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Going Only With The RSI Indicator

02/10/14 05:06:47 PM
by Koos van der Merwe

Of all the indicators I have played with, the RSI has been my favorite, yet I watch it carefully with the JM Internal Band indicator and the XTL indicator.

Security:   C, NA-T
Position:   Buy

In all my years of trading, using Elliott Wave and Gann analysis, I have always found that I am inclined to look at the RSI indicator to get an idea of where exactly the stock is. Is it in an RSI overbought position, or oversold position? Yes, I have looked at stochastics, MACD, and many others using my Metastock program to add and build new indicators when they are published, often even building and playing with my own formulas, but I always seem to come back to the RSI indicator. There is, however, one negative I have found. As a buy signal, the RSI indicator is inclined to bring a buy to my attention occasionally in error. As a sell signal though, I have always found a trailing stop signal to be more effective. Two other indicators I watch are the JM Internal Band and the XTL indicator.

So, having written all the above, with the stock market now in buy mode (see my previous article on the VIX) when I receive an RSI buy, I look at the share carefully. Citigroup (C) is one share that caught my attention.

Figure 1. Daily chart of Citigroup with RSI buy and sell signals.
Graphic provided by: AdvancedGET.
The chart in Figure 1 is a daily chart of C giving me a buy signal as the RSI indicator crossed below and then re-crossed above the 32 level. The Advanced GET chart adds two moving averages to the RSI indicator, shown in green and red. I am inclined to buy when the RSI indicator crosses the five-period moving average (red) after it has fallen below the 32 horizontal. I would have then bought C at current prices. More cautious investors could still follow the JM Internal Band indicator, a 15-period simple moving average offset by 2% positive and 2% negative.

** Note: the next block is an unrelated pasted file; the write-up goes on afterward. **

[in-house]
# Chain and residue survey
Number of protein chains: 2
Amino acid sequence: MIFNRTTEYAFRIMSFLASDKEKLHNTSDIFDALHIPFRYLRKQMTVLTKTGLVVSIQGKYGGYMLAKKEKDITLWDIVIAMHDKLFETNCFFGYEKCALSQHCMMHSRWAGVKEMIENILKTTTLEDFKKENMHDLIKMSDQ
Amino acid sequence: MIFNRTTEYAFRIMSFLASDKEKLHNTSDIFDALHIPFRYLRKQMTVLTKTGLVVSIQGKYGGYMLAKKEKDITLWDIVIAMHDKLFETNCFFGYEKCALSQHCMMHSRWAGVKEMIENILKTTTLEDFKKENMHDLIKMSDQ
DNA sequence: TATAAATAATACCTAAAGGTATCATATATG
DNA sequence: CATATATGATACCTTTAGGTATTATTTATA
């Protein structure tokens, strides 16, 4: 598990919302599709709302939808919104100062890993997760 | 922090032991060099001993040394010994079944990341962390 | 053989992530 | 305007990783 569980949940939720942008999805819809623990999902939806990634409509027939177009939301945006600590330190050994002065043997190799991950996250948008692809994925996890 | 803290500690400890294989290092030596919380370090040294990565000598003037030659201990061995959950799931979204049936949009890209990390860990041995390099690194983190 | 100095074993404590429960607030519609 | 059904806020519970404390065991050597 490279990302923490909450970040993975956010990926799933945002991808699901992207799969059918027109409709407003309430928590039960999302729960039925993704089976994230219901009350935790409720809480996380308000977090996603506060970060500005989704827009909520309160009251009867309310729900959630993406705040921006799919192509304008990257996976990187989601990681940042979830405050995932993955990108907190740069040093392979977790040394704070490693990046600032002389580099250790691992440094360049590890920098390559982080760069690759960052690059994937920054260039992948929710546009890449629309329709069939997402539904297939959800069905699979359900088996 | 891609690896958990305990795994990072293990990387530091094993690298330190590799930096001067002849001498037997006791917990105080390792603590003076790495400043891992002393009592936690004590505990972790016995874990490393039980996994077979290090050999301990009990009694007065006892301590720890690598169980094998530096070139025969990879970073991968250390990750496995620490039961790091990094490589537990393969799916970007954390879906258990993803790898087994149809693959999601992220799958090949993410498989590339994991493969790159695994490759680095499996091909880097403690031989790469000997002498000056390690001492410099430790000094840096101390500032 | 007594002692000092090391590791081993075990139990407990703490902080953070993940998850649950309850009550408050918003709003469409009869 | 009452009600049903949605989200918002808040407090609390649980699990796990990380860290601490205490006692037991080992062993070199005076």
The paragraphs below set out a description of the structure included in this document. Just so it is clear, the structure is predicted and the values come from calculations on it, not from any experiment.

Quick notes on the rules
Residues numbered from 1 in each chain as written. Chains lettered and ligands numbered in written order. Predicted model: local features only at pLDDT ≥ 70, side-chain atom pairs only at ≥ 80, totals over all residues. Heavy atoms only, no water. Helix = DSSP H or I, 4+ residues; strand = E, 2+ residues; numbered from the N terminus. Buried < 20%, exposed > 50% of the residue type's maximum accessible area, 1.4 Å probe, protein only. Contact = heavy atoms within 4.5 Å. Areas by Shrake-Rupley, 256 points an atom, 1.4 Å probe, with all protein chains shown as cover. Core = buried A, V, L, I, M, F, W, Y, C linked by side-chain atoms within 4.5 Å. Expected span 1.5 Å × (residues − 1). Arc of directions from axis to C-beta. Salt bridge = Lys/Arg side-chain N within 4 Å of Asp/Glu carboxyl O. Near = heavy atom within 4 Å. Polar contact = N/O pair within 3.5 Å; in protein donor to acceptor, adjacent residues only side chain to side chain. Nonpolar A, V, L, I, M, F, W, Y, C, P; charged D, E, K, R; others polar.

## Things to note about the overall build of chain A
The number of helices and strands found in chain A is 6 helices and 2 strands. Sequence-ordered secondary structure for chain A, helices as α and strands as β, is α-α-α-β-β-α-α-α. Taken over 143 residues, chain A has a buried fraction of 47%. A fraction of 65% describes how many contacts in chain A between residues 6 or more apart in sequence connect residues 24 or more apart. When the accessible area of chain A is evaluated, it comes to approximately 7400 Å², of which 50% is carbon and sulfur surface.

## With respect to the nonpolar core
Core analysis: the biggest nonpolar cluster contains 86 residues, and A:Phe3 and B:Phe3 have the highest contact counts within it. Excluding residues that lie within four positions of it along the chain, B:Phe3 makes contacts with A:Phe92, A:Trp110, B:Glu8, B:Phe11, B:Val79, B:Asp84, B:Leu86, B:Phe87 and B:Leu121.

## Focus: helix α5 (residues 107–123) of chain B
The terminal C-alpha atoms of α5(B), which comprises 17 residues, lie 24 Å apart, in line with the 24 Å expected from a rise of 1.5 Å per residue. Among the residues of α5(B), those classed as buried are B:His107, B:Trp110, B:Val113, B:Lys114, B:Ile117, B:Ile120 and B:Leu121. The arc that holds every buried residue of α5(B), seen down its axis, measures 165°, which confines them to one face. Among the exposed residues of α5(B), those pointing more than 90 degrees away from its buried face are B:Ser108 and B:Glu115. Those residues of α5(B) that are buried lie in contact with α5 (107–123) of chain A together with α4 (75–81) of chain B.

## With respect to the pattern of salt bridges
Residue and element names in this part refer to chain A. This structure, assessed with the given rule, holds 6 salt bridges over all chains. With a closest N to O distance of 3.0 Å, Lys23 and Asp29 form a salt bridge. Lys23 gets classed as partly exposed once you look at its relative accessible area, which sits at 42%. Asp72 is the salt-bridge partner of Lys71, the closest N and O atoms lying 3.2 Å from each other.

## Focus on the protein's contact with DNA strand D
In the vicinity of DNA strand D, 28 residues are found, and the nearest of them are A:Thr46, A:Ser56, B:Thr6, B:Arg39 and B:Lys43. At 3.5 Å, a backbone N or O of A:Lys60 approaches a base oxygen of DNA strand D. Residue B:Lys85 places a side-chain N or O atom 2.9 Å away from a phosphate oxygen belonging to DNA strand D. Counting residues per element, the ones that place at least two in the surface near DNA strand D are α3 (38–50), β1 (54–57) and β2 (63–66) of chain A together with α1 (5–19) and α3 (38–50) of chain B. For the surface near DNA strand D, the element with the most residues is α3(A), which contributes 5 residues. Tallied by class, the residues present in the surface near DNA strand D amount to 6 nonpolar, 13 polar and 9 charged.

Figure 2. Daily chart of National Bank of Canada showing RSI buy and sell signals.
Graphic provided by: AdvancedGET.
The chart in Figure 2 is a daily chart of the National Bank of Canada. The chart shows the RSI buy signals, with one of them being too early. A stop loss would have taken you out of the position. Once again, note how the JM Internal Band indicator would have given a bad buy signal, followed by an exceptionally good signal. An RSI buy signal has been given, but a JM Internal Band buy signal has not been given.

Figure 3. Daily chart showing XTL buy and sell signals.
Graphic provided by: AdvancedGET.
When you look at both charts you will see that the color of the candlesticks change from blue to black to red. This is the XTL indicator, and indicator offered by the Advanced GET program. The XTL (eXpert Trend Locator) parameter uses a statistical evaluation of the market that can tell the difference between random market swings (noise) and directed market swings (trends). When the candlesticks are blue, the indicator is suggesting a buy. When black, close your position and when red, short the stock. Is the strategy perfect? No, just a look at the chart in Figure 3 shows a number of not so wonderful signals, but the colors can act as a guide.

Finding the perfect indicator to give buy or sell (short) signals has never been that easy. In the technological world of today, sophisticated computer algorithms are taking over the play. For an individual investor, a simple indicator like an RSI or any other preferred indicator that fits your personality is the probable answer. Not one will be perfect, however, but it will be a guide.

Koos van der Merwe

Has been a technical analyst since 1969, and has worked as a futures and options trader with First Financial Futures in Johannesburg, South Africa.

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Date: 02/12/14Rank: 4Comment: Could define the role of moving averages in more detail
Date: 02/13/14Rank: 4Comment: 

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